13. Grant learns to cook, lets Victoria sleep in his home and nurtures her interest in creating a flower book of her own. Is he an unrealistic character or do you think he’s a good guy and she got lucky?

14. Things are going well for Victoria at the flower shop. What talent does she discover that she has?

15. Do flowers really have the power to change outcomes for people? What do you think happened with Earl and Bethany?

16. What keeps Elizabeth from adopting Victoria? What did you think of her ennui? Why did Elizabeth say she couldn’t go through with the adoption? Was Elizabeth fit to be a mom?

17. How does Grant respond when Victoria tells him that they will never be like that old couple? What brings them back together? Why do you think Victoria keeps coming back to Grant when she so adamantly insists that she can’t love?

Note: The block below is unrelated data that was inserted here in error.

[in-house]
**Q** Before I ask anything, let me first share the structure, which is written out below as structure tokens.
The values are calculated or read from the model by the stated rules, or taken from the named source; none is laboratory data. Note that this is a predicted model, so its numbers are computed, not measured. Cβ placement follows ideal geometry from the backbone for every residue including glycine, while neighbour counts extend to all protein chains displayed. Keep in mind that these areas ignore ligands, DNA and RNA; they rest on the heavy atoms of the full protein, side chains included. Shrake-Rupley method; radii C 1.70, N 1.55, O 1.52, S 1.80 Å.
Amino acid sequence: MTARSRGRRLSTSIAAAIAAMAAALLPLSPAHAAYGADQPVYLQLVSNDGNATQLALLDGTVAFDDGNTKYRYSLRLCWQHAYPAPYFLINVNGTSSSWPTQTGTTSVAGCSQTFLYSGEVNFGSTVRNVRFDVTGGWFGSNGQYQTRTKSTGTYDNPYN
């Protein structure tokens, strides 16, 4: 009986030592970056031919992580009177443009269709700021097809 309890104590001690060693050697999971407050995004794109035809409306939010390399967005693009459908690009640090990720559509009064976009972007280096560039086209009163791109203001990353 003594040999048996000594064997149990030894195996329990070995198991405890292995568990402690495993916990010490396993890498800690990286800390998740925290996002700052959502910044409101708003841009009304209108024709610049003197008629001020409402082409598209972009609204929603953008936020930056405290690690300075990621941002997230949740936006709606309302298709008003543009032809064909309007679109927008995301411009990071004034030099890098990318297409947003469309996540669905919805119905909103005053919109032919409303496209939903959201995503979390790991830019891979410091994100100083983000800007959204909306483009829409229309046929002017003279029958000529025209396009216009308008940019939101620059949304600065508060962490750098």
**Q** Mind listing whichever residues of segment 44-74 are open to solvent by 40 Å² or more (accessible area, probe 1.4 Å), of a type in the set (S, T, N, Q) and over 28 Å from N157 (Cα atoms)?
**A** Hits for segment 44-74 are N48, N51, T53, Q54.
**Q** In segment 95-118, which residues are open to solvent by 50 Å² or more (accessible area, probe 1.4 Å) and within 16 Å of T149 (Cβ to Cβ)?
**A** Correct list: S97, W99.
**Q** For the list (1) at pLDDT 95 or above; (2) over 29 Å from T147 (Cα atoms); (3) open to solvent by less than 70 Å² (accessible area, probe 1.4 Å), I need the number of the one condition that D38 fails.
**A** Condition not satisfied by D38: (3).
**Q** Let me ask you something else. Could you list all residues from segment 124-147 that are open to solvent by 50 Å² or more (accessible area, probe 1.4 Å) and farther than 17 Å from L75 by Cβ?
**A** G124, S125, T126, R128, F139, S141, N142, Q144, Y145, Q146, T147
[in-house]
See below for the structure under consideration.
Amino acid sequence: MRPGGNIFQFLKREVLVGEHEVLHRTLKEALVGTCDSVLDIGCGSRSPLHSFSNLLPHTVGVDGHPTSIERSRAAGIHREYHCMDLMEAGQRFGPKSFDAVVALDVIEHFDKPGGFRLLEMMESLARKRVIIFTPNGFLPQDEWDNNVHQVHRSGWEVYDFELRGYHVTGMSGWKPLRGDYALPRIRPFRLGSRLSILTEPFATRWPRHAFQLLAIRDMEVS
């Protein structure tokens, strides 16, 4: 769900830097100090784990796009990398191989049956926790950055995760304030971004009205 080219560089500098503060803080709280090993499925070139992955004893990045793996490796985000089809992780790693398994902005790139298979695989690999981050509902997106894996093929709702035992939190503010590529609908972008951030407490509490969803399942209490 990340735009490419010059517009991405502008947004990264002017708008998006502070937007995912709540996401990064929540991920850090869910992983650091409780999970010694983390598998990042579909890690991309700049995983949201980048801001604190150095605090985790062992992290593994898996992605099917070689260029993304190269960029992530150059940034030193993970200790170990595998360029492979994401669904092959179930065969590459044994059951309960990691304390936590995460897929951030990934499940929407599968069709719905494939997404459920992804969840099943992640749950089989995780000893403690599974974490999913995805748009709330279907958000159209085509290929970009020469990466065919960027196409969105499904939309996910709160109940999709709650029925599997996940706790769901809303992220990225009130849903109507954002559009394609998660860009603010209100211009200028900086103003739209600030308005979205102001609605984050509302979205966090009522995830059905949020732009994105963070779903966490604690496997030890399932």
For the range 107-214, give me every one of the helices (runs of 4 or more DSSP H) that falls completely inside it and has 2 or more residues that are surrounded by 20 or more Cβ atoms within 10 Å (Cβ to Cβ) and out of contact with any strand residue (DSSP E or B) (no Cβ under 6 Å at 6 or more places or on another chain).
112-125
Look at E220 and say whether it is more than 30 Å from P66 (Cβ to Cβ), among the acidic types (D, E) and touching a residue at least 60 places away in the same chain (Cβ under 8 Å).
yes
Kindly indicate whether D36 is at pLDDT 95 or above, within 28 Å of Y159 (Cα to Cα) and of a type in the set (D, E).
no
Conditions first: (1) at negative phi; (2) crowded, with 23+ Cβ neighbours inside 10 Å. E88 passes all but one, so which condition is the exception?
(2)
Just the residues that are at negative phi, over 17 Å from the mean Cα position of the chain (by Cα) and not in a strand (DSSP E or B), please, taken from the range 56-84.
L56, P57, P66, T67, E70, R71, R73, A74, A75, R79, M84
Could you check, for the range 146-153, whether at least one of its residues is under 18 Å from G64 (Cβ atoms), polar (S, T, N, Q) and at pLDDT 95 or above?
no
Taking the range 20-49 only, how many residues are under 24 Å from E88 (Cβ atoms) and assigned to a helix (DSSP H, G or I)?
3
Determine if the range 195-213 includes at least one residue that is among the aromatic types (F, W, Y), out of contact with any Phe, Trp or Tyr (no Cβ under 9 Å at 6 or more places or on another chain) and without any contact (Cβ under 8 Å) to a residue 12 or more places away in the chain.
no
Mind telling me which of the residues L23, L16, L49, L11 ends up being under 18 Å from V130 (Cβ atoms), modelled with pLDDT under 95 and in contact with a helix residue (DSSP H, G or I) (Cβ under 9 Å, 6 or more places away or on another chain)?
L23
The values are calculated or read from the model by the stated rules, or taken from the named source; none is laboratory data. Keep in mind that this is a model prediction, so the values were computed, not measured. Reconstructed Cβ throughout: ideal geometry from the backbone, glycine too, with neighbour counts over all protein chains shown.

18. What sparks Victoria to make love with Grant? She initiated the encounter, but where is her mind during it? How does she respond to the news that she is pregnant?

19. What struck you as realistic and not realistic inVictoria’s pregnancy and delivery scenes? Were you surprised that Victoria avoided Mother Ruby as a source of help? As her labor became intense, who did Victoria want with her and why?

20. What flower does Victoria give Grant when she leaves? What does it mean?

21. Where did Victoria get the idea to set the fire and why did she do it? Why does she never speak up, even when Elizabeth is accused?

22. Did Victoria change when she became a mother? How do you know? Did motherhood change how Victoria views others? How comfortable were you with Victoria’s experience as a new mom?

23. How does the baby react after Victoria’s night in the woods?

24. What did you think of the end of The Language of Flowers?